HISTORY OF PENTECOSTALISM IN UGANDA

HISTORY OF PENTECOSTALISM IN UGANDA
In the winter of 1955 – 56, during a week night service, God gave a prophetic call to Glad Tidings take the “Full Gospel” to Uganda, East Africa. The application to the British Governor of Uganda for permission to enter the country to do missions work was denied because some religious leaders of that day did not want Pentecostals in Uganda. Nevertheless, believing this was the call of God, the church began to pray fervently for Divine intervention.

In December 1956 Hugh and Audrey Layzell were sent to Kenya to work with the Elim missionaries of New York until the door opened to Uganda. That door opened in May 1960, when Glad Tidings Missionary Society was issued a permit to do Mission work in Uganda. Hugh and Audrey Layzell began the work that May followed by a team of G.T. missionaries in the 60’s namely Jean Christenson, Dorothy Williams, Bill and Gerda Brown, Eleanor Webb, Betty Caron, Dave and Velma Freeman, Lou and Marion Peterson, John and Jean Lofstrom , Bob and Sharon Wagar.

The Gospel Mission to Uganda (which birthed the Full Gospel Churches of Uganda) was incorporated under the Unlimited Companies Act in October 1960 and became the first “Pentecostal” Mission or church to be granted that legal status in Uganda.

Certainly one of the most momentous events of the history of the ‘Pentecostal movement’ in Uganda was the Daoud Crusade at Mengo “Kabaka Anjagala” in February 1961, sponsored by the Gospel Mission. This first Salvation/Healing Crusade in Uganda coincided with the opening of the tent Tabernacle at Makerere in December 1960.

The Crusade drew thousands for 3 weeks. There were many miracles of healing and many souls came to Christ. 365 people were baptized in the Kabaka’s Lake after the Crusade, and the Tent at Makerere was packed out week after week for months. During that period ‘lubale’ fetishes were being burned as men and women believed on Jesus for salvation and new believers continued to be baptized in Kabaka’s Lake. In 1962 another significant event took place.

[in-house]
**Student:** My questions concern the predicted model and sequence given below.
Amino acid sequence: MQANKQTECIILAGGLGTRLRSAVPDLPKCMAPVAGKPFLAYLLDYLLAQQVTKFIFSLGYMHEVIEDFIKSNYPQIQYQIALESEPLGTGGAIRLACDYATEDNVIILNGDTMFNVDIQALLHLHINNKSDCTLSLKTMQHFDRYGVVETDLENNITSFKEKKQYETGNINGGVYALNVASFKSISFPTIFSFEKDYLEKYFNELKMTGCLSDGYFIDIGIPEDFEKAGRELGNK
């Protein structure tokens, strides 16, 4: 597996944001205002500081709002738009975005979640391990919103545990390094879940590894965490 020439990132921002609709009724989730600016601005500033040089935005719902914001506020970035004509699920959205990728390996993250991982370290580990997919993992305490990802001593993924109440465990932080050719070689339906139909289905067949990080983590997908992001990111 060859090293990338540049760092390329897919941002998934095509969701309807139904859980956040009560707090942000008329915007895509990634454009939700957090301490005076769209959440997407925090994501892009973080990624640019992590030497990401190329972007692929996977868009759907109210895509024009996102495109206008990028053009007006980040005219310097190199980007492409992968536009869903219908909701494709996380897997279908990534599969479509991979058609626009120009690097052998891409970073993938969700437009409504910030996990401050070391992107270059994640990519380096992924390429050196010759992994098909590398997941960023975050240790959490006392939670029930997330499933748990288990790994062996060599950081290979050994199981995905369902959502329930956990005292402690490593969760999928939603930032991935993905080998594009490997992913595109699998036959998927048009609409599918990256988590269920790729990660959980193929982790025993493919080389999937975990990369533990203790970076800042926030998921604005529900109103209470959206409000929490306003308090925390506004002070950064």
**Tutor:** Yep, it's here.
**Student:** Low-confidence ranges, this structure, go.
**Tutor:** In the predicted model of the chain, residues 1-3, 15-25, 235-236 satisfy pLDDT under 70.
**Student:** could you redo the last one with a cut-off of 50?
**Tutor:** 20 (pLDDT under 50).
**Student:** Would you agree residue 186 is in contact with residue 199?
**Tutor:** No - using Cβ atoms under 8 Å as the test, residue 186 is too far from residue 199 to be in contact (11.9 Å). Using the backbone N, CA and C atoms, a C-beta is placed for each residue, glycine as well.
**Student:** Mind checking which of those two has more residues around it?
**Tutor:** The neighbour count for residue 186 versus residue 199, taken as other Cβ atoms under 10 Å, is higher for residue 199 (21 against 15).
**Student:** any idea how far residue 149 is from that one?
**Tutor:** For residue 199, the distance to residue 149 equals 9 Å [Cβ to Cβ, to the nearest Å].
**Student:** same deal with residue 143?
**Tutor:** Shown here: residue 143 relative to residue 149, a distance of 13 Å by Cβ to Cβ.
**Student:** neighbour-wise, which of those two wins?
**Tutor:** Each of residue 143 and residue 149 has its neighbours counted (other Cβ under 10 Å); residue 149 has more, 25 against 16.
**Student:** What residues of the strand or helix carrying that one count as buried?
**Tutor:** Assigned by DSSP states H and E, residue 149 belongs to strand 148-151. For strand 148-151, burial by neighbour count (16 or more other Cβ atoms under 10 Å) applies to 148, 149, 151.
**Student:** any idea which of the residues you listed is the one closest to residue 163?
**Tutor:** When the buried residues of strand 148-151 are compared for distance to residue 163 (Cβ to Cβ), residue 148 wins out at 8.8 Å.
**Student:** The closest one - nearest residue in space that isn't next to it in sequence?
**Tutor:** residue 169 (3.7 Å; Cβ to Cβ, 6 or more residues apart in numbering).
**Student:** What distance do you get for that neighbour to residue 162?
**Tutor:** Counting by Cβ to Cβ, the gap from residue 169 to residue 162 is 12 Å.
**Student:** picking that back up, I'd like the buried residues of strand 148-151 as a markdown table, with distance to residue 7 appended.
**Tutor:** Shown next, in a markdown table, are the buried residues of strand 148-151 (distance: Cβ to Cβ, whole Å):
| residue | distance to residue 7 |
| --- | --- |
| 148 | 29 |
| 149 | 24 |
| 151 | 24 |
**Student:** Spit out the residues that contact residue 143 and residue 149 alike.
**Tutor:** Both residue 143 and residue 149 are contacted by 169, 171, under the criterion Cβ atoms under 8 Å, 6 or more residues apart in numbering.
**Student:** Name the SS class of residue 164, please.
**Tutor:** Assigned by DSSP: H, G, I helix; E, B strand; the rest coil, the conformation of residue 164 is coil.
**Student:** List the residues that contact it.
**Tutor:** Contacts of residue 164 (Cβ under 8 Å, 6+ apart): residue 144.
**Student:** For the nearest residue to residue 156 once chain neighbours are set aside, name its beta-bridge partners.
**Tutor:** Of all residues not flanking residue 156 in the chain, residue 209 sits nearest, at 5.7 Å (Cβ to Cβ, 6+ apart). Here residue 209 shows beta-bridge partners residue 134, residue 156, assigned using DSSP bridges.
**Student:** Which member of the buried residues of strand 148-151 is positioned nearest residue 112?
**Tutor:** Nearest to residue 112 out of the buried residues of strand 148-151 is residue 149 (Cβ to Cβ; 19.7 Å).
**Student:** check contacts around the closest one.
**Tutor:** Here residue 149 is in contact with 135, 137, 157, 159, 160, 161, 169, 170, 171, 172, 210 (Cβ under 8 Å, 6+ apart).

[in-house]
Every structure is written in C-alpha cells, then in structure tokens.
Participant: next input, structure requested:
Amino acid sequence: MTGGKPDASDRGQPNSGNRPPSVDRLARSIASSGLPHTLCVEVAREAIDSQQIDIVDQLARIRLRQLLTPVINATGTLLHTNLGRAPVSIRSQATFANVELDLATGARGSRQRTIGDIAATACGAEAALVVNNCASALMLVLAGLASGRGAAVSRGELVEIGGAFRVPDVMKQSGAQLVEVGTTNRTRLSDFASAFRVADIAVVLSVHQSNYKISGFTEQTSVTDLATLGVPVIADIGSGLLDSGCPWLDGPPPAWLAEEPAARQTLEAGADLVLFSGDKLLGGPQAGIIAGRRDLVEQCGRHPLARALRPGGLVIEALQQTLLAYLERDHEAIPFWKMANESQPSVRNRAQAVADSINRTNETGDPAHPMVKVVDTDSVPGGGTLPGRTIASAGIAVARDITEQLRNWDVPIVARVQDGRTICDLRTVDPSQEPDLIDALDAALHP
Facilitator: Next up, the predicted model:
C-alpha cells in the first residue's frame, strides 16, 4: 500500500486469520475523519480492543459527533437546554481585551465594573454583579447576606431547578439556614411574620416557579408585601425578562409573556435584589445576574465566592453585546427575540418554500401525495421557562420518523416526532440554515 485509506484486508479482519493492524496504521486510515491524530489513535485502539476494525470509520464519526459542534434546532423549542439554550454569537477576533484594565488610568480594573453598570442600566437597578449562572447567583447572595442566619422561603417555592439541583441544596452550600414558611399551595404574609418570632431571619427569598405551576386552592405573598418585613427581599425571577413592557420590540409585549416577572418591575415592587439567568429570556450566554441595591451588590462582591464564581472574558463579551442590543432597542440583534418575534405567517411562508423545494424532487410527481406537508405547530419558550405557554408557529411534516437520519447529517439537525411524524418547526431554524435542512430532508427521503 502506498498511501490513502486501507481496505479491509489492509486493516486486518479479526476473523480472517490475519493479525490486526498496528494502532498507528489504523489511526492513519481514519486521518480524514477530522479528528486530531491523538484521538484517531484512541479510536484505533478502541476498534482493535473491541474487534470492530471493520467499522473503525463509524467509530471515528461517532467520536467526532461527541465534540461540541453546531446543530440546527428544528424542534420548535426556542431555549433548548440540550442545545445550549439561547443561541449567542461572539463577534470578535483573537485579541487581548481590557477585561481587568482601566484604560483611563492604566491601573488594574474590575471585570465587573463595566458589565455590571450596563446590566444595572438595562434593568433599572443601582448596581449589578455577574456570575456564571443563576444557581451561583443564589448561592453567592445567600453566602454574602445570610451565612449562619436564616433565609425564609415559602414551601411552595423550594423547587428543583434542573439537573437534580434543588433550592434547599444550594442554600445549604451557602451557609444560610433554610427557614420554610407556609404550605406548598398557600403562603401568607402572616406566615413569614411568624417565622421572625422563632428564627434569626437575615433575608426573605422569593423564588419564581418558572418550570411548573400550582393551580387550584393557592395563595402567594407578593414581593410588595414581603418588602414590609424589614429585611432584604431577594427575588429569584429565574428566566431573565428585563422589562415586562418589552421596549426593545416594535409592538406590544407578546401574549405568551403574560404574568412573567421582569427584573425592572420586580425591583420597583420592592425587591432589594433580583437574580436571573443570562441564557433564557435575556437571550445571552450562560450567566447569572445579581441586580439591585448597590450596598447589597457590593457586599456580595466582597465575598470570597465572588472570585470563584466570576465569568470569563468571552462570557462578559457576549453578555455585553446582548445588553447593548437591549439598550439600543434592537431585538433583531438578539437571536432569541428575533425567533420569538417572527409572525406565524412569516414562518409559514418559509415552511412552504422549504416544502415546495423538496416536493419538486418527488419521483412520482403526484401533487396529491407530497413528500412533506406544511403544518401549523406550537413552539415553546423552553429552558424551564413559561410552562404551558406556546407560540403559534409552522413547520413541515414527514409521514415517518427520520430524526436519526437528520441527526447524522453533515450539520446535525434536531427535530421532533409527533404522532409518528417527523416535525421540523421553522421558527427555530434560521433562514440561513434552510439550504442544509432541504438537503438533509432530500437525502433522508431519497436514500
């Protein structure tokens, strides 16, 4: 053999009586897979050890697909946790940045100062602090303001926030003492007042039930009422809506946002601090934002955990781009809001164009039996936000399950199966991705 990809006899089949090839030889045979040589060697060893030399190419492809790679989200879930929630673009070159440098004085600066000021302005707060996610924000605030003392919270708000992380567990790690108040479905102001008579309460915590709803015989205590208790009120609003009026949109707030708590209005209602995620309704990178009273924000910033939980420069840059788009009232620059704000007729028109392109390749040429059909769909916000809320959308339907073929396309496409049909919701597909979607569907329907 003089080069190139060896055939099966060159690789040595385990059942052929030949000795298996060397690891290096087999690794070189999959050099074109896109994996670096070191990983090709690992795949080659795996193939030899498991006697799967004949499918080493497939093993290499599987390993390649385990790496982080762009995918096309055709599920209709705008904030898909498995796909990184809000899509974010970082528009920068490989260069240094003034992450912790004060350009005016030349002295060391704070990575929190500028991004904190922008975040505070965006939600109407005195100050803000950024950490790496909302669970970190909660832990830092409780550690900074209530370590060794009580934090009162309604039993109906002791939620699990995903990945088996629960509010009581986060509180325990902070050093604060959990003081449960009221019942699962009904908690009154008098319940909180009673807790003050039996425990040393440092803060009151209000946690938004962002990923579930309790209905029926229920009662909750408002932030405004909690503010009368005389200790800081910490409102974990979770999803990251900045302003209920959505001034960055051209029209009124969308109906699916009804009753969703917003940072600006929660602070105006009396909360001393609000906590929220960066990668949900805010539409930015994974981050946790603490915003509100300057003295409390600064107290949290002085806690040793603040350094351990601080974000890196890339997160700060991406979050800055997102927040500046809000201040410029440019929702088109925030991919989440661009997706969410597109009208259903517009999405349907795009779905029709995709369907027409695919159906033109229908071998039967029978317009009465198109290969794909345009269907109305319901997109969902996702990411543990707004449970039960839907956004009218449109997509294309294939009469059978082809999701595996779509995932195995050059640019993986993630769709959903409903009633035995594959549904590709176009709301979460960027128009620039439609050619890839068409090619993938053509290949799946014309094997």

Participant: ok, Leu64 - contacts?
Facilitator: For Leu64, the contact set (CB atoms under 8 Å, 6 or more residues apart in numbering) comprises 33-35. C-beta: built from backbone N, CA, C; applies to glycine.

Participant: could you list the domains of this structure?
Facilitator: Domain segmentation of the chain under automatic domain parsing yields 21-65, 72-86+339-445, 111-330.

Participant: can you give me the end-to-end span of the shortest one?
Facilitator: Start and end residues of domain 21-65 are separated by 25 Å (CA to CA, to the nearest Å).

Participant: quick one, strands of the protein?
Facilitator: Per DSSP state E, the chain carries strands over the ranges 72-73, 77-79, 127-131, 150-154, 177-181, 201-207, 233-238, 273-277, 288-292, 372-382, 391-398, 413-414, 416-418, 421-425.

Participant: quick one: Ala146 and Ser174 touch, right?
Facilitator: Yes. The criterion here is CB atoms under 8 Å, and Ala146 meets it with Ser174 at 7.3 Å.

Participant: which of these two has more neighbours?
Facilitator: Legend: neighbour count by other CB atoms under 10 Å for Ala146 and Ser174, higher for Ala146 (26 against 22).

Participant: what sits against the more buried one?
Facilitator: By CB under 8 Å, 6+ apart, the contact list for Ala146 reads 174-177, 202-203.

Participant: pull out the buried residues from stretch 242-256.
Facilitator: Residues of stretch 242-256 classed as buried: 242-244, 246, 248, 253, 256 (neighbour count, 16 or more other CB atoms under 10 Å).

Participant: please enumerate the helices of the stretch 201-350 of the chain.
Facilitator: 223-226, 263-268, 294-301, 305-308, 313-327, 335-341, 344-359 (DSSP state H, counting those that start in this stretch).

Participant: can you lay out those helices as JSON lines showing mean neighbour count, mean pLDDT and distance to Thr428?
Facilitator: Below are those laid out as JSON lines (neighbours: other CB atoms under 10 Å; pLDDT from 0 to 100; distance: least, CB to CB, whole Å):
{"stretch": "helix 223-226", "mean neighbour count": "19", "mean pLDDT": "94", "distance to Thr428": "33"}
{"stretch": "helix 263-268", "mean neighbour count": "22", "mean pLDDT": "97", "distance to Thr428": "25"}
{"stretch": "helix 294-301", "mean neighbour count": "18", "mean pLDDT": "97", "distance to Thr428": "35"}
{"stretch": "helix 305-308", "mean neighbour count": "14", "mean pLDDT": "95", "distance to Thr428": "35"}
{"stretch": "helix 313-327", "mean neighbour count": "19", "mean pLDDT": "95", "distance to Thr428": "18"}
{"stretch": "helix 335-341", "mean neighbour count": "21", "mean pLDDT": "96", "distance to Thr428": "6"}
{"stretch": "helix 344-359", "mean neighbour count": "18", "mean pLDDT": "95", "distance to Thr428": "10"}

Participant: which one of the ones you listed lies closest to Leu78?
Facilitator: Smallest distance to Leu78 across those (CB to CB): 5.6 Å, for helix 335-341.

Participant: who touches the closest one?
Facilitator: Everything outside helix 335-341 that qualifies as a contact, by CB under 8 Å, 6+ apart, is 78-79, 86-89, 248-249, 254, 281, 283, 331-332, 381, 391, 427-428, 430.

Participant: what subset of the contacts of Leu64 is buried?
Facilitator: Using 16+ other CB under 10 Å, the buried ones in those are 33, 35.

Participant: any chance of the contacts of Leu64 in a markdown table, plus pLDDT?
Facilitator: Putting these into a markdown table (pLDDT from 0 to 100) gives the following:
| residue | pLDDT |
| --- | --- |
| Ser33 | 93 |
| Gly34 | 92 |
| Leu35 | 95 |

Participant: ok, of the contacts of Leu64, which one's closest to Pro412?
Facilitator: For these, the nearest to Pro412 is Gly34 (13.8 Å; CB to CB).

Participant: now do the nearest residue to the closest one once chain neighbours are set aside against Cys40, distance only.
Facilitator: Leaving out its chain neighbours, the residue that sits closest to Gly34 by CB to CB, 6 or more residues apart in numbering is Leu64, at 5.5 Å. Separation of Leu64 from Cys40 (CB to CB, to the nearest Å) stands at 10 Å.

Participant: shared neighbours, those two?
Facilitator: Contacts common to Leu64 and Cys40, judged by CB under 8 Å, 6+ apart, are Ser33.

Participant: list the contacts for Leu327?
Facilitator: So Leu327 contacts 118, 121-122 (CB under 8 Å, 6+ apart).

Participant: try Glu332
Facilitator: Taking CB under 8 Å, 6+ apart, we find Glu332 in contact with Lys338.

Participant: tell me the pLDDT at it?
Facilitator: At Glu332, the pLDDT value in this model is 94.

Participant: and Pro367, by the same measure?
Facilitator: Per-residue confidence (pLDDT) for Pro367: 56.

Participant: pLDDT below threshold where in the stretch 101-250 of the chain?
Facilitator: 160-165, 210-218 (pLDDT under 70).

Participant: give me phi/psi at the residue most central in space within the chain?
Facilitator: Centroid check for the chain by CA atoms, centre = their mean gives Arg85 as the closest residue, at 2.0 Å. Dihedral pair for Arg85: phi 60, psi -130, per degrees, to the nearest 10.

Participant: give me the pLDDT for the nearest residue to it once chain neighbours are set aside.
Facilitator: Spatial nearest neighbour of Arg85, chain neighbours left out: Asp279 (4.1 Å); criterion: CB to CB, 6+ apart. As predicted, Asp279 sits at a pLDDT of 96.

Art and May Dodzweit sent by Elim (PEFA) from Kenya founded the Elim Church in Mengo.
Another important milestone was the pioneering work of Rev. Brown of the Pentecostal Assemblies Of Canada, (PAOC). He came to Mbale in late 50’s and started a work mostly centered in Eastern Uganda.

Yet another significant event took place in the 60’s. In 1967 five High School Students and a teacher called Moses Ochwo along with Evangelist Joe Kayo started the “Young Christian Ambassadors” fellowship. It grew between 1969 and 1970 and in 1971; the “Young Christian Ambassadors” became the Deliverance Church in Uganda.

1972 marked the beginning of the Redeemed Church in Kibuye. However, in September 1977, President Idi Amin banned Pentecostal Churches and on 12th April 1978 armed soldiers stormed and desecrated the Full Gospel Church, at Makerere arresting 200 believers. The churches then went underground and grew even more during the persecution.

After the fall of Idi Amin in 1979, freedom of Worship was restored and tens of thousands of different Pentecostal churches blossomed. In addition to the churches and ministries earlier mentioned, the last three decades have seen the growth, establishment and organization of churches under different umbrellas such as; Miracle Center Churches, National Fellowship of Born Again Pentecostal Churches, Born Again Faith Federation of Uganda and Evangelical Fellowship of Uganda among others. The impact of what the Holy Spirit has done through the Pentecostal Church in this Country is nothing less than phenomenal. Schools, orphanages, medical services, income generating projects and others have sprung up, not to mention the church’s powerful influence on the entire fabric of Ugandan society.

Pentecostalism is one of the most influential and fastest-growing “movement” in the world. However, the Pentecostal movement in Uganda had humble beginnings. In the early 60’s spirit filled believers were stereotyped as poor, ignorant, fanatical, and semiliterate people. At first they were marginalized, ridiculed and greatly despised by traditional churches. Now the “Abalokole Ab’omwoyo” or spirit filled believers, by and large, have become part of mainstream Christianity in Uganda. It would be foolhardy to ignore them.

“Pentecostals” by virtue of their strong evangelistic stance, style of worship and music plus their great appeal to people of all ages and all backgrounds, have influence that goes beyond their numbers. It is in this spirit that all Pentecostal churches, believers, umbrella organizations and different Pentecostal streams in Uganda desire to come together as one big river to strengthen the movement that envision Pentecostalism as the Uganda’s future leading Christian Church. We call upon every Pentecostal to view themselves as persons of influence, each Pentecostal family, and church, organization to see the far we have come and then believe and cherish the vision of being not only the Uganda’s but the World’s leading church in the near future.

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